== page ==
Getting MS-DOS games to run on Windows 95: The interrupt flag

Raymond Chen

In the flags register of the 80386 processor is a flag called the interrupt flag. If the flag is set, then the CPU will respond to hardware interrupts. If the flag is clear, then the CPU will ignore hardware interrupts. It was common for a game that used an MS-DOS extender to disable interrupts temporarily by doing this:

    pushf   ; save flags (including whether interrupts are enabled)
    cli     ; disable interrupts something..
    popf    ; restore original flags
            ; (this re-enables interrupts if interrupts were previously enabled)

There were other variations of this pattern, but most of them boiled down to the same basic idea.

One of the quirks of the 80386 architecture is that if the application does not have I/O privilege, the popf instruction does not restore the interrupt flag. Furthermore, the instruction doesn’t trap, so the operating system doesn’t know that the application tried and failed to change the interrupt flag. It just silently fails. This means that the above code fragment behaves differently depending on whether the application has I/O privilege. If it has I/O privilege, then the popf will restore interrupts to their previous state. But if it doesn’t, then the popf instruction has no effect on the interrupt flag, and interrupts remain disabled.

MS-DOS extenders typically granted the client I/O privilege because they were designed to run in a single-tasking environment, so the client was allowed full control of the system. Windows, on the other hand, did not grant the client I/O privilege because it had to worry about multitasking. This means that in Windows, programs that used the above technique would hang because they disabled interrupts and never re-enabled them.

The DPMI specification specifically calls out this coding pattern as problematic and provides special services for managing the interrupt flag so that a client application can manipulate its interrupt flag in a way that the DPMI server understands. In practice, however, client applications were written on the assumption that they were running under the MS-DOS extender that they were packaged with, and they took shortcuts and just used the popf instruction because they knew that it would work. It never occurred to them that their preferred DPMI extender would not actually be the one in charge.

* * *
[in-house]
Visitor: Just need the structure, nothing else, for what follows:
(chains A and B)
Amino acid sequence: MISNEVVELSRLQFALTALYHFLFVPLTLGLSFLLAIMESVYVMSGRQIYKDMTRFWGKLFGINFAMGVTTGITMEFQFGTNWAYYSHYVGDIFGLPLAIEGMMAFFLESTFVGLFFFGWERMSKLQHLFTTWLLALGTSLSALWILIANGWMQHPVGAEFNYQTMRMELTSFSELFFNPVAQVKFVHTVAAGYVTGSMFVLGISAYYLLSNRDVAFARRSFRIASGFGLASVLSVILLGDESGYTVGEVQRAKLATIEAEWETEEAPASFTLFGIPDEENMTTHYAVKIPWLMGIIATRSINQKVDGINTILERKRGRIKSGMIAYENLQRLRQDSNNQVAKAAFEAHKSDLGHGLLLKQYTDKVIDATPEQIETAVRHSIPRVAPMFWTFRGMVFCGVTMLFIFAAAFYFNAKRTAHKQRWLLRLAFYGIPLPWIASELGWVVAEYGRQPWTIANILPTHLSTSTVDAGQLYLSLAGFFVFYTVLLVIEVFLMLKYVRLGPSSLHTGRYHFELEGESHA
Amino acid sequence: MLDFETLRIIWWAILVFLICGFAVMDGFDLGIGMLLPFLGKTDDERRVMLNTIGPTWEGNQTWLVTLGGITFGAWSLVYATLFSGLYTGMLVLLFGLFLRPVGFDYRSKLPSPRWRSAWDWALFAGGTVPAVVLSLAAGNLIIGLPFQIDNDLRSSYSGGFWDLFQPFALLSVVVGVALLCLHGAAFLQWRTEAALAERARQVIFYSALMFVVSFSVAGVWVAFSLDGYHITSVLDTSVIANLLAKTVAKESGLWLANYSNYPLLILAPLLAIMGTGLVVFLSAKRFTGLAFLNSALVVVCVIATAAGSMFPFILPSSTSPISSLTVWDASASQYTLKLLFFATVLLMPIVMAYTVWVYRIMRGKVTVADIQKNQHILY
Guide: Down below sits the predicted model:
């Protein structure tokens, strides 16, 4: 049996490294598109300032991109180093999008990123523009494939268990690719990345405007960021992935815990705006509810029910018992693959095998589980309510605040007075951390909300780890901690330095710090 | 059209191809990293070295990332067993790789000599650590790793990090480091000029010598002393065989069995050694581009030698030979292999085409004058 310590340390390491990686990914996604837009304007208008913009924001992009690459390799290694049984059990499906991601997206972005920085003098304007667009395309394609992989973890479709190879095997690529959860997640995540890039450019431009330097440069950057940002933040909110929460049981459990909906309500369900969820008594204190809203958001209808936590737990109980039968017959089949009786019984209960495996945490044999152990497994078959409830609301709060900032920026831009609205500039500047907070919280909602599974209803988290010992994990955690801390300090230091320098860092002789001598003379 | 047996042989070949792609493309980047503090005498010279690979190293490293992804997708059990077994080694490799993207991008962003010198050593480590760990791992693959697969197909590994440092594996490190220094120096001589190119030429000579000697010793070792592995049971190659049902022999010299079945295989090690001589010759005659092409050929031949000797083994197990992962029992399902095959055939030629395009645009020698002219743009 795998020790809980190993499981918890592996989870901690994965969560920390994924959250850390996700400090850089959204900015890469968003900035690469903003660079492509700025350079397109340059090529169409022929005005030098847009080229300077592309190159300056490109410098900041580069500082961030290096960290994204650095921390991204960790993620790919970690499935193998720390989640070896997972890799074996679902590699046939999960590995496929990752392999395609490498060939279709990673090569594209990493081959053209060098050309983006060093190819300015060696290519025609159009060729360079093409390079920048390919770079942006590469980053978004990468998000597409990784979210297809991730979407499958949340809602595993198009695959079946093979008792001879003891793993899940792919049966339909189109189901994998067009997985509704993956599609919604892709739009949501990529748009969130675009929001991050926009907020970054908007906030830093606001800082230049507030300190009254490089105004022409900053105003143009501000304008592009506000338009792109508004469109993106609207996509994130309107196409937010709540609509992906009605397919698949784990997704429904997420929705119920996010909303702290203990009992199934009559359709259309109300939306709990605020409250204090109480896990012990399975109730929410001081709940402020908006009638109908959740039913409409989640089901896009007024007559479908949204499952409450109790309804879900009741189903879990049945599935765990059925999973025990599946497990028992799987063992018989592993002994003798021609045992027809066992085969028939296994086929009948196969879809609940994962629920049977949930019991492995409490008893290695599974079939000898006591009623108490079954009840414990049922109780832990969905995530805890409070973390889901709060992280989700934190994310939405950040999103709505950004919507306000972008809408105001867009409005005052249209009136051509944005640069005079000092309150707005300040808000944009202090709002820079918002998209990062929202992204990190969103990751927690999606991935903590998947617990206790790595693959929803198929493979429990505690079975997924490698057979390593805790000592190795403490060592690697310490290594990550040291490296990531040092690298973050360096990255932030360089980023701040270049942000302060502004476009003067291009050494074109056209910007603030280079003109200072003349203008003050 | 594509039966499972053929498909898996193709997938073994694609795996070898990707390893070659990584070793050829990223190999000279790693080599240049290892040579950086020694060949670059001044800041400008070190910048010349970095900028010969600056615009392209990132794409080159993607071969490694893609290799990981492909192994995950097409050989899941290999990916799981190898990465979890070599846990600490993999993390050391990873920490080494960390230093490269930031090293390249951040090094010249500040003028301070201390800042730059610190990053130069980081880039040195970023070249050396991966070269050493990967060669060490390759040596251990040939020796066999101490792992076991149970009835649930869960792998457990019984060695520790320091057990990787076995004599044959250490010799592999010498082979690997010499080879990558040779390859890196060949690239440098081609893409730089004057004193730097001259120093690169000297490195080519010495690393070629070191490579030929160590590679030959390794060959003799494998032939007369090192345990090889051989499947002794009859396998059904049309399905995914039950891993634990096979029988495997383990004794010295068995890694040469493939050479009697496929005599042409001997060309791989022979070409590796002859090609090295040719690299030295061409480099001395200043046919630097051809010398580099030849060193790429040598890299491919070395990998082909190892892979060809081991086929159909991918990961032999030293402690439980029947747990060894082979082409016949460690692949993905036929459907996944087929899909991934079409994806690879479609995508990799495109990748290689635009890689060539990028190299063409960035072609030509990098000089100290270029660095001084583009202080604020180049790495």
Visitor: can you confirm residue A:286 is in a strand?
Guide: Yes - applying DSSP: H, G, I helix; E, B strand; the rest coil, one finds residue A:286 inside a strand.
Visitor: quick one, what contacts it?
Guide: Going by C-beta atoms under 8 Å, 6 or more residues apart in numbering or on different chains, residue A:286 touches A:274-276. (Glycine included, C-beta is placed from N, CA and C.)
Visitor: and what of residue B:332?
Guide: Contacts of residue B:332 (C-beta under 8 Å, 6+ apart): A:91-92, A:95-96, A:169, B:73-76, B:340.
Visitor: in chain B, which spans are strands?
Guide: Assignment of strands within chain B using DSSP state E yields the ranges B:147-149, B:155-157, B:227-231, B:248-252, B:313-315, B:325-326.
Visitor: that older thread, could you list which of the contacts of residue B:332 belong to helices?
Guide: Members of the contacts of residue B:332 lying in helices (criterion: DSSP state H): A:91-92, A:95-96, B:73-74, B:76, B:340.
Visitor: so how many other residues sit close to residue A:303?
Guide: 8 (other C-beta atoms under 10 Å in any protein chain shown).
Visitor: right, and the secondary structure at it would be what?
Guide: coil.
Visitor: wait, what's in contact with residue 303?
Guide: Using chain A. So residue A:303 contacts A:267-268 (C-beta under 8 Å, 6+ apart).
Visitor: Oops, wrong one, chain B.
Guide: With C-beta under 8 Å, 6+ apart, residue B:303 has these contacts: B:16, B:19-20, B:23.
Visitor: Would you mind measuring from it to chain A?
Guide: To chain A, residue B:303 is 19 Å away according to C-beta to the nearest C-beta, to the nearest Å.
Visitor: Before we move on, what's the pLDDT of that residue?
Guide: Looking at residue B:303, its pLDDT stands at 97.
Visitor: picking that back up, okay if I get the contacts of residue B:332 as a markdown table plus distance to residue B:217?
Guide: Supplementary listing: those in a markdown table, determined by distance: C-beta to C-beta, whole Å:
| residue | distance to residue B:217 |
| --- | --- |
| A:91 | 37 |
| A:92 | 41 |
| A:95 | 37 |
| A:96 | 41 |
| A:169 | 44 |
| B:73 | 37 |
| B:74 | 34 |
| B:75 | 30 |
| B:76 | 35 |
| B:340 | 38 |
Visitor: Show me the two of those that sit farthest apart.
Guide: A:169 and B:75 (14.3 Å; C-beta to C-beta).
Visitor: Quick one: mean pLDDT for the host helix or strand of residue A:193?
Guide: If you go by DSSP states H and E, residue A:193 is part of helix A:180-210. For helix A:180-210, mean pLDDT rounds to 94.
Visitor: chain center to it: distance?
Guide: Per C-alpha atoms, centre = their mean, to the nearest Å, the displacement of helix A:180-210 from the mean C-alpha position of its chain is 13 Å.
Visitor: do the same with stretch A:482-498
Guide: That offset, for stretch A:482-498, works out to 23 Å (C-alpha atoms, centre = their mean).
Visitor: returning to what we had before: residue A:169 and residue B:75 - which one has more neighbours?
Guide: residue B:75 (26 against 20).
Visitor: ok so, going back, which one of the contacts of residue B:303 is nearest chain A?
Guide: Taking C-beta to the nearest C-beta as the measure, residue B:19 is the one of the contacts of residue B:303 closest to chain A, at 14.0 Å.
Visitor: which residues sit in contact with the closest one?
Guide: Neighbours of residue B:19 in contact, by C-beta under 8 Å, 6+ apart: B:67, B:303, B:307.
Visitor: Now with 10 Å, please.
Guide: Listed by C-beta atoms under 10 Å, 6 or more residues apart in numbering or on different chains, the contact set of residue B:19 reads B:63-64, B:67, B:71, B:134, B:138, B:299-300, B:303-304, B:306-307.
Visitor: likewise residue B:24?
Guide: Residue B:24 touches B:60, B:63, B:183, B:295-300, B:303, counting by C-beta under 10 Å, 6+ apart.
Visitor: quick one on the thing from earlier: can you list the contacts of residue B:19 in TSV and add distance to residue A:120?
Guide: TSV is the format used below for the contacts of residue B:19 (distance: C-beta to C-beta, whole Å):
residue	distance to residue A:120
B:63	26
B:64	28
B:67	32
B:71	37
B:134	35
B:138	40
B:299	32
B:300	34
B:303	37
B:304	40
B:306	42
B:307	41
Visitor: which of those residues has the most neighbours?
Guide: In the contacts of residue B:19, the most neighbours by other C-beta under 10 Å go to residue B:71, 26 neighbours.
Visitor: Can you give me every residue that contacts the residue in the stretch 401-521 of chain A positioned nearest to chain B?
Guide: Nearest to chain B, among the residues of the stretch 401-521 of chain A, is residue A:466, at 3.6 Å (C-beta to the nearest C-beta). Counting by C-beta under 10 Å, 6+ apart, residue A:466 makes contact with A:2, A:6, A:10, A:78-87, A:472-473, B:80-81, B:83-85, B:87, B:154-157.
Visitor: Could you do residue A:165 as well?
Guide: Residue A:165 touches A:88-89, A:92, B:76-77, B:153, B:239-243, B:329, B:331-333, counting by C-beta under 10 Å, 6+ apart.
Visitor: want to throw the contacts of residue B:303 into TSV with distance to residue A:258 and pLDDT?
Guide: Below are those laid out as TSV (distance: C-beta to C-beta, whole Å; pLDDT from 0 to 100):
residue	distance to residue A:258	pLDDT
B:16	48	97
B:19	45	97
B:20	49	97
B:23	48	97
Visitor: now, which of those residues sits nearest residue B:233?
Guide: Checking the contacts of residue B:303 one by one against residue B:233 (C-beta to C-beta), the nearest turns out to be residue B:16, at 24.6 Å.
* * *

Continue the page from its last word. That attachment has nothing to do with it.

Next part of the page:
Except, of course, that it didn’t work when the DPMI server was Windows.

One of my colleagues came up with a clever solution that addressed many cases of this problem. Since the cli instruction is privileged, it will trap. The trap handler for the cli instruction inspects the code preceding the cli instruction to see if it matches the pattern above or one of the common variations. If so, and the value on the top of the stack matches the virtual machine’s current flags, then it assumes that the instruction that most recently executed was in fact the pushf. In that case, it copies the pushed interrupt flag to the pushed trap flag. In other words, if interrupts were previously enabled, then set the trap flag in the pushed flags.

In the 80386 architecture, the trap flag causes the processor to raise a trap exception after one instruction is executed. Its intended purpose is to allow debuggers to single-step through assembly code. The trick is to repurpose the flag: When the popf occurrs, the processor doesn’t pop the interrupt flag, but it does pop the trap flag. After one instruction, the trap interrupt fires, and the kernel regains control. It recognizes that this trap interrupt is being used to regain control when somebody does a popf instruction in a failed attempt to re-enable interrupts. The kernel would then re-enable interrupts.

Result: As far as the application is concerned, the popf instruction successfully restored the interrupt flag despite all the warnings that said it wouldn’t work. It was restored one instruction late, but it did eventually get restored.

That one weird trick rescued a lot of games from the “Doesn’t work” category.

Related reading: What did Windows 3.1 do when you hit Ctrl+Alt+Del?, another case where the operating system used the trap flag.


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